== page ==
Change is hard. As humans we are creatures of habit. Some of us have a hard time adjusting to a change in laundry detergent (you want me to switch from Tide to Gain?!), so it is only natural that we and our agents sometimes have difficulty accepting and adapting to changes in our contact centers. Studies have concluded that 70% of change initiatives fail for a wide variety of reasons. This usually is not for lack of desire or trying, but rather insufficient thought, time and resources dedicated to organizational factors – like people and processes – that impact the change’s success.
Success Depends On More Than Just Technology
You’re implementing a new technology solution – great! Contact center solutions, like those offered by inContact, directly contribute to increased efficiency, improved customer satisfaction, and much more.
However, there are a lot of organizational factors beyond the tool itself that impact the success of the implementation and the solution. Some of these factors include your organizational change readiness, your organizational structure and resources, the quality of the agents and contact center management team, how the tool is used, and your adoption strategy.
Thus, whether the change is as large as moving your contact center to the cloud, or something as small as changing how your agents submit their vacation requests, there are some key factors you should consider.
Complete An Impact Analysis To Assess Whether This Is The “Right” Time
I know what you’re thinking – is there EVER a right time for a major change? While it feels like there are endless initiatives going on within your organization, there are certain times that are better than others to make a big change. Obvious things to take into account are your fiscal year and budgetary process, your business seasonality, and major agent vacation times.
Less obvious things might only bubble to the surface if you conduct an impact or change-saturation analysis. This includes creating a matrix with all the changes that have recently been implemented, are in flight, or are approved to begin in the contact center and adjacent functions, and the organizational parties that are impacted – including your customers!
Conducting this exercise can be eye-opening and may prompt you to stagger or phase your change. You might realize that you have already subjected your agents to 4 major change initiatives this year, and one more change might just put them over the edge. OR that marketing is conducting a change that would be run concurrently to your change, and drain many of the same resources!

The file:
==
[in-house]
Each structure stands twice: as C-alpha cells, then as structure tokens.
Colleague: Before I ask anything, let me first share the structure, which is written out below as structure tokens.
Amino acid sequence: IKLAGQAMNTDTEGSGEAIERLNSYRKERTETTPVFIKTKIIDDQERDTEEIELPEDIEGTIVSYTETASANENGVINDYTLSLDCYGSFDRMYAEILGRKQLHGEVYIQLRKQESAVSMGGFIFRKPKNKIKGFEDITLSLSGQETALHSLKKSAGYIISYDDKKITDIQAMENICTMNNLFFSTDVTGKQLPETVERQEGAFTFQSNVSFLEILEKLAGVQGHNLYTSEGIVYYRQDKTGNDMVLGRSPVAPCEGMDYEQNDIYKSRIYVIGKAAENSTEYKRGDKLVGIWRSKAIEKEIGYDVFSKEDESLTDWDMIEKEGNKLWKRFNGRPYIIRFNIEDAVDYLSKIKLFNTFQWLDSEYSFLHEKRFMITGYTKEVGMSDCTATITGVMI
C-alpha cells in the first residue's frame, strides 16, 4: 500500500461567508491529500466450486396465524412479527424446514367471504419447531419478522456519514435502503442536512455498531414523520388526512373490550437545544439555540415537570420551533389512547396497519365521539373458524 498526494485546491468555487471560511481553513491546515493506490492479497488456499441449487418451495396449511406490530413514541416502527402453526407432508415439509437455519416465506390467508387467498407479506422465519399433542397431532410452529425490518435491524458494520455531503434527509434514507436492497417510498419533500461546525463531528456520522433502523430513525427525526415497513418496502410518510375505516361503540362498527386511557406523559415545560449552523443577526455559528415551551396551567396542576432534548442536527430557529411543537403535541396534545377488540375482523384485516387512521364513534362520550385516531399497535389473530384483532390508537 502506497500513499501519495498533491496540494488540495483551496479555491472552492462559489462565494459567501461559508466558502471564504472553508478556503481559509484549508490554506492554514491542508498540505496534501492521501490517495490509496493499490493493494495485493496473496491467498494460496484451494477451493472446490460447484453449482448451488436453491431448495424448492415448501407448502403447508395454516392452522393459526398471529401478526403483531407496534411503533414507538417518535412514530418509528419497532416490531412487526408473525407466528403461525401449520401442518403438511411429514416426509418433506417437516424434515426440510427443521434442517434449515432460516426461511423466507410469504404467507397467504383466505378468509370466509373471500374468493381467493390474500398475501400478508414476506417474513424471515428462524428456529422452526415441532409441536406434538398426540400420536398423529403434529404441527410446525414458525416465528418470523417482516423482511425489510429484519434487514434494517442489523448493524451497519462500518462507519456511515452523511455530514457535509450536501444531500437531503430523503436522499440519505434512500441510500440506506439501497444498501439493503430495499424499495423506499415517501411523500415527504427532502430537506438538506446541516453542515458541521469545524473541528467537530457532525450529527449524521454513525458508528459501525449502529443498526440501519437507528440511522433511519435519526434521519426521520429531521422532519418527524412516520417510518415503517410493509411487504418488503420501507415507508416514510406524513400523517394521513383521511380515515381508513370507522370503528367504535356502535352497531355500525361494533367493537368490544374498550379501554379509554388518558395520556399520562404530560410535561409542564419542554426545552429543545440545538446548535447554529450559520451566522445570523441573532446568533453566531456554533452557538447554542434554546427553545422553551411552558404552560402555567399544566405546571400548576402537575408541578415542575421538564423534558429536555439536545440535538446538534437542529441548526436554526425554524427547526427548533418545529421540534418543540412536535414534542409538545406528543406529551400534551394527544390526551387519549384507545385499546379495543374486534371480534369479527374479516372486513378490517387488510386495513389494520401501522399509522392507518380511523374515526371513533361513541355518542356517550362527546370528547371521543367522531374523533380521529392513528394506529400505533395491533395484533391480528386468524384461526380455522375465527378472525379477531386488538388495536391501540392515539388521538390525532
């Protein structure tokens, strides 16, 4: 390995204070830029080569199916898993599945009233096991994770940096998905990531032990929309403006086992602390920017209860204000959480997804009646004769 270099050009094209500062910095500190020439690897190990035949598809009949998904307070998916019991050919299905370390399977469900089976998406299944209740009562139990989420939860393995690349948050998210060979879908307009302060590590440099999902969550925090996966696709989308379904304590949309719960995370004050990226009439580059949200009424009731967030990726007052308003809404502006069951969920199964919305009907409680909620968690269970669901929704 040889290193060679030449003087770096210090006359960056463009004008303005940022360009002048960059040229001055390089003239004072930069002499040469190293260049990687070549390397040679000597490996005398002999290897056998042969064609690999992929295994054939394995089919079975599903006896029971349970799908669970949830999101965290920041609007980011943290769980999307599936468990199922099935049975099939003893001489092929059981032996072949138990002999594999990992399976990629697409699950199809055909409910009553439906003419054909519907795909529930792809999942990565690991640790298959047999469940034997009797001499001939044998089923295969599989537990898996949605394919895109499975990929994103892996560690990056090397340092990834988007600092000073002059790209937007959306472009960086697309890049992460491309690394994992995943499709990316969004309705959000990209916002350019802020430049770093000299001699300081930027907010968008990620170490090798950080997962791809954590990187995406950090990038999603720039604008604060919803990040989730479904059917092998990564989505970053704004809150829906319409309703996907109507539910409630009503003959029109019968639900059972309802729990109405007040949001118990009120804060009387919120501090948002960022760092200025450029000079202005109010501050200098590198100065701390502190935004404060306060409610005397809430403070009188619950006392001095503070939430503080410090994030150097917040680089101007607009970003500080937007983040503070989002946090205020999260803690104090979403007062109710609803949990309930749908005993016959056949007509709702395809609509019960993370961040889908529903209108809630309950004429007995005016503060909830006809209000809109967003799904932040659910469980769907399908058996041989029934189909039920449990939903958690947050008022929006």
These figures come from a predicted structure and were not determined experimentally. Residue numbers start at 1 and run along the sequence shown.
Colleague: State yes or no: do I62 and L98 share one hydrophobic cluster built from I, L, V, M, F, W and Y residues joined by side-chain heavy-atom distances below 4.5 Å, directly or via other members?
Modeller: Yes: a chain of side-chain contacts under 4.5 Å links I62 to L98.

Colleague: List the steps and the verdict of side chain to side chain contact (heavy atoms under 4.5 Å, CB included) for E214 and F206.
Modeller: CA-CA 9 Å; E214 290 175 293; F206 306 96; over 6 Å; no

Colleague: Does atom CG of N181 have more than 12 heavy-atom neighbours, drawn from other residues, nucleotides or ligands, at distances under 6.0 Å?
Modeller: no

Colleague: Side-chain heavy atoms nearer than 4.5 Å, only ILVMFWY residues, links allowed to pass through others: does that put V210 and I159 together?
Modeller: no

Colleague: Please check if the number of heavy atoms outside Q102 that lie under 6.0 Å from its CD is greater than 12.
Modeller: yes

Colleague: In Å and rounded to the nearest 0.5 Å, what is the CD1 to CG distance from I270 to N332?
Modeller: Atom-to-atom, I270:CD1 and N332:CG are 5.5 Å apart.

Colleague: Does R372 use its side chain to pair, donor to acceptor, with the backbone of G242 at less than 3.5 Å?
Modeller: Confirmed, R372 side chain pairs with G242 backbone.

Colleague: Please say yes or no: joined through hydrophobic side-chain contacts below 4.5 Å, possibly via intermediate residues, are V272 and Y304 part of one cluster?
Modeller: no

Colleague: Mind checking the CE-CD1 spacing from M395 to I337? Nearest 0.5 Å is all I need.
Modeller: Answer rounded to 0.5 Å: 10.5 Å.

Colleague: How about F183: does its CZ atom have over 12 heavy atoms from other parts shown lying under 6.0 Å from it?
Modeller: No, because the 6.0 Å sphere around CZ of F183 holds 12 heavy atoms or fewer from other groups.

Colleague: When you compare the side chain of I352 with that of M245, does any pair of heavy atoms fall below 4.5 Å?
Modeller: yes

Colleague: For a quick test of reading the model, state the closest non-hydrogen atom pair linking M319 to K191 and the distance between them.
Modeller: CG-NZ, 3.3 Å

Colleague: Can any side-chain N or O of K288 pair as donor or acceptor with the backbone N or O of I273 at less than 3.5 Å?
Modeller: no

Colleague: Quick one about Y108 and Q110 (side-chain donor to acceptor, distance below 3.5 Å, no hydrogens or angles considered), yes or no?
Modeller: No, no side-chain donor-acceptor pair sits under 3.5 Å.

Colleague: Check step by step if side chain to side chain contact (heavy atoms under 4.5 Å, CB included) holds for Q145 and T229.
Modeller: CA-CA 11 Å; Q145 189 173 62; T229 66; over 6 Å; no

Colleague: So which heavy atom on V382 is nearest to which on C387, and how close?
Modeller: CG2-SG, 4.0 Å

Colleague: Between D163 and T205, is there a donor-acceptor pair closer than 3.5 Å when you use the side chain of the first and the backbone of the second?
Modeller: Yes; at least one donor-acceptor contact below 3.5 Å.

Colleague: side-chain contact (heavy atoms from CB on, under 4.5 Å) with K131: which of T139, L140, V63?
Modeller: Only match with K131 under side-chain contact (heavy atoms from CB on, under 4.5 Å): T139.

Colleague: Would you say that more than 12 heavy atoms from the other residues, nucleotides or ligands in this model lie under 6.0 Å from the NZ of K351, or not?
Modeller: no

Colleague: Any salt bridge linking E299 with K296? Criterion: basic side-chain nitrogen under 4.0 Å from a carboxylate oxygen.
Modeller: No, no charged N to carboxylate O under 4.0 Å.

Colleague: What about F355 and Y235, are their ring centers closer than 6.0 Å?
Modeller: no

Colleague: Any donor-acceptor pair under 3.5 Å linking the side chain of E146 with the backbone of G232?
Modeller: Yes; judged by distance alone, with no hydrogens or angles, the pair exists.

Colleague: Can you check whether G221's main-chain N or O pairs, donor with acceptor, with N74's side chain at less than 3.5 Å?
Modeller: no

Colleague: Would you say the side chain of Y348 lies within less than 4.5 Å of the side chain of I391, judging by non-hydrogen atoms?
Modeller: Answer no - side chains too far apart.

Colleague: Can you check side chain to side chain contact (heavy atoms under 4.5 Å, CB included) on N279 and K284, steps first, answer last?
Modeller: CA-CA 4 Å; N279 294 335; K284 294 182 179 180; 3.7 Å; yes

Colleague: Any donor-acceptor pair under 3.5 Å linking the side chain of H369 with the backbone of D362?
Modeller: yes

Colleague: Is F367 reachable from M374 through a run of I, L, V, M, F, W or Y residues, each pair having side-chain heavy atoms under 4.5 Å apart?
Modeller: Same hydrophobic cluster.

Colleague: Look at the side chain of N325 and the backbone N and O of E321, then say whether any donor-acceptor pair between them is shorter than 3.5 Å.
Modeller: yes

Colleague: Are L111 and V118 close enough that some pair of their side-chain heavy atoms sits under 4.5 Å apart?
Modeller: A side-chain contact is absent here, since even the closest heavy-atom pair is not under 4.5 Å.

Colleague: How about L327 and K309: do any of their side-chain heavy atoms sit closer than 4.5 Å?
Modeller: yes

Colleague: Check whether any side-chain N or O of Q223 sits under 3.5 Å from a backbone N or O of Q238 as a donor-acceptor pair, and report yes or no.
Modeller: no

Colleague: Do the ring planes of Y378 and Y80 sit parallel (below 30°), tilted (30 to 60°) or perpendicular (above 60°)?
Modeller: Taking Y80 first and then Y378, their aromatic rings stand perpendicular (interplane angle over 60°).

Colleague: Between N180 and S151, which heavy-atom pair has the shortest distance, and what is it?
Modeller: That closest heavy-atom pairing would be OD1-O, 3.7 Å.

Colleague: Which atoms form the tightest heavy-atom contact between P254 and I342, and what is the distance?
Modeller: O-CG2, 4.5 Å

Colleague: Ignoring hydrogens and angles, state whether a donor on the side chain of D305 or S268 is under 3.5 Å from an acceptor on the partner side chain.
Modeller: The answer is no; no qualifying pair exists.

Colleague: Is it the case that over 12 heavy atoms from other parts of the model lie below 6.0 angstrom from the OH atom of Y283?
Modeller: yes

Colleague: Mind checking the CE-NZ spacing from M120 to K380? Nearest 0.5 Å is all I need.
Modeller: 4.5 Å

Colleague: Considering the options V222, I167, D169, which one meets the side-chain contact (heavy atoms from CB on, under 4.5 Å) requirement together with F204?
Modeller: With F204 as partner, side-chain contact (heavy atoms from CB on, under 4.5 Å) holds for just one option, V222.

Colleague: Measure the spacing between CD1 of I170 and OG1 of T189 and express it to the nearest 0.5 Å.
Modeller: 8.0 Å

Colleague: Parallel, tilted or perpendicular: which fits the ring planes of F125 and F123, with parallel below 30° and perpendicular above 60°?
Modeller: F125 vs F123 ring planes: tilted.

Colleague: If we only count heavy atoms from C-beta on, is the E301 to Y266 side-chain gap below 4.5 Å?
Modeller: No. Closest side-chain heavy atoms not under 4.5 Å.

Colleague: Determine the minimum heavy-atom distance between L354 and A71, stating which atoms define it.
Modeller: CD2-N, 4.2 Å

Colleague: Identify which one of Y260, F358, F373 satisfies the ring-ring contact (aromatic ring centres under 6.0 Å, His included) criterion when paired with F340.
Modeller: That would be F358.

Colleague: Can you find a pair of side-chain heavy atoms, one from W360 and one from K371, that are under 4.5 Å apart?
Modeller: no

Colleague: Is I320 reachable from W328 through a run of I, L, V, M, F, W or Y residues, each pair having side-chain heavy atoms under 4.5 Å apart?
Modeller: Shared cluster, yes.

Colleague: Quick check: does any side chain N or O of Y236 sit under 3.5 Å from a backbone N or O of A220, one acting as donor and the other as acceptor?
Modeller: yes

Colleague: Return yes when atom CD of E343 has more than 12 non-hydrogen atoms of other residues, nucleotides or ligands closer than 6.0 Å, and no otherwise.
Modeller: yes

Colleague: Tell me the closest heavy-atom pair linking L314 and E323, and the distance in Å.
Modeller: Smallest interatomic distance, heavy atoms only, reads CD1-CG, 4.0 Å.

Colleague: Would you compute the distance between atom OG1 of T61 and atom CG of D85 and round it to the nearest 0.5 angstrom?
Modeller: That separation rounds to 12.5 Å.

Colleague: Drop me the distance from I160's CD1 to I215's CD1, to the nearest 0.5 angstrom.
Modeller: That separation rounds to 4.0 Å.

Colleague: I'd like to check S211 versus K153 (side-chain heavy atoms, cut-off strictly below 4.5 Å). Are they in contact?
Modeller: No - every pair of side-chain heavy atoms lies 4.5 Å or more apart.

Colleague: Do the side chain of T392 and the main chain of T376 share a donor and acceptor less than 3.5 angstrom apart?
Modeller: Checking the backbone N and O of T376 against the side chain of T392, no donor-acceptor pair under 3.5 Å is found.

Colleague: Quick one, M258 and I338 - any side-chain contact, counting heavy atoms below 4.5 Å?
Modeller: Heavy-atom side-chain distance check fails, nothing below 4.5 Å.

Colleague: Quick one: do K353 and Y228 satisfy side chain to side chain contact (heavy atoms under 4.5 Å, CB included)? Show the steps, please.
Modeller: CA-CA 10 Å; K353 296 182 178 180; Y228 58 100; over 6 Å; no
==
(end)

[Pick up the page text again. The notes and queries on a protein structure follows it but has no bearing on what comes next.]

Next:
Set Realistic Expectations For Leadership
Change and business results don’t happen overnight. There are a number of lagging success indicators – like reductions in cost and increase customer satisfaction – that will take time for your organization to realize. All changes involve a stabilization and adoption period that can last anywhere from weeks to months depending on organizational readiness -- meaning sometimes things can get worse before they get better.
Depending on the type of change, some contact centers see a temporary drop in performance while agents adjust to new tools, processes and ways of working. This is natural! This period will undoubtedly be followed by the significant improvements and benefits your leadership team desires. It is just critical that you level expectations that reaping those benefits takes time.
Engage Key Players Early To Become Change Champions
Every person experiences the change acceptance continuum differently. You will have early adopters and those more resistant to your change. And we shouldn’t blame them!
A 2016 study indicated that the majority of contact center agents have 5 or more years of experience and plan to stay for the long-haul. That means that in their time with the organization they may have already lived through innumerable changes and may experience fatigue (or even PTSD from changes that flopped!). To promote early acceptance, educate and engage key players early and often. Find your noisiest – and nosiest – agents and get them on your side to champion the change. If they become an advocate, the rest of the agents will follow suit.
Think About Training Up Front, Not As An Afterthought
All too often, training is something that is put off and then rushed to complete before Go-Live, which contributes to change failure. While it is important to conduct the actual training close to Go-Live so agents will retain and apply what they learn, it is important to begin with the end in mind and develop the training plan up front. That way throughout design and testing, you can keep your agents top of mind and pull out the necessary content. There are great tips for training your agents out there, and lots of mechanisms to execute – whether it be soliciting the help of certified training resources, or creating all the content yourself. At the end of the day, just MAKE SURE YOUR AGENTS ARE TRAINED.... AND TRAINED WELL!
Don’t Be A Statistic!
Hopefully with these tips – combined with your awesome new technology platform and your amazing project team – will set you up for success for your next change or implementation. Cheers to being the 30% of changes that succeeds!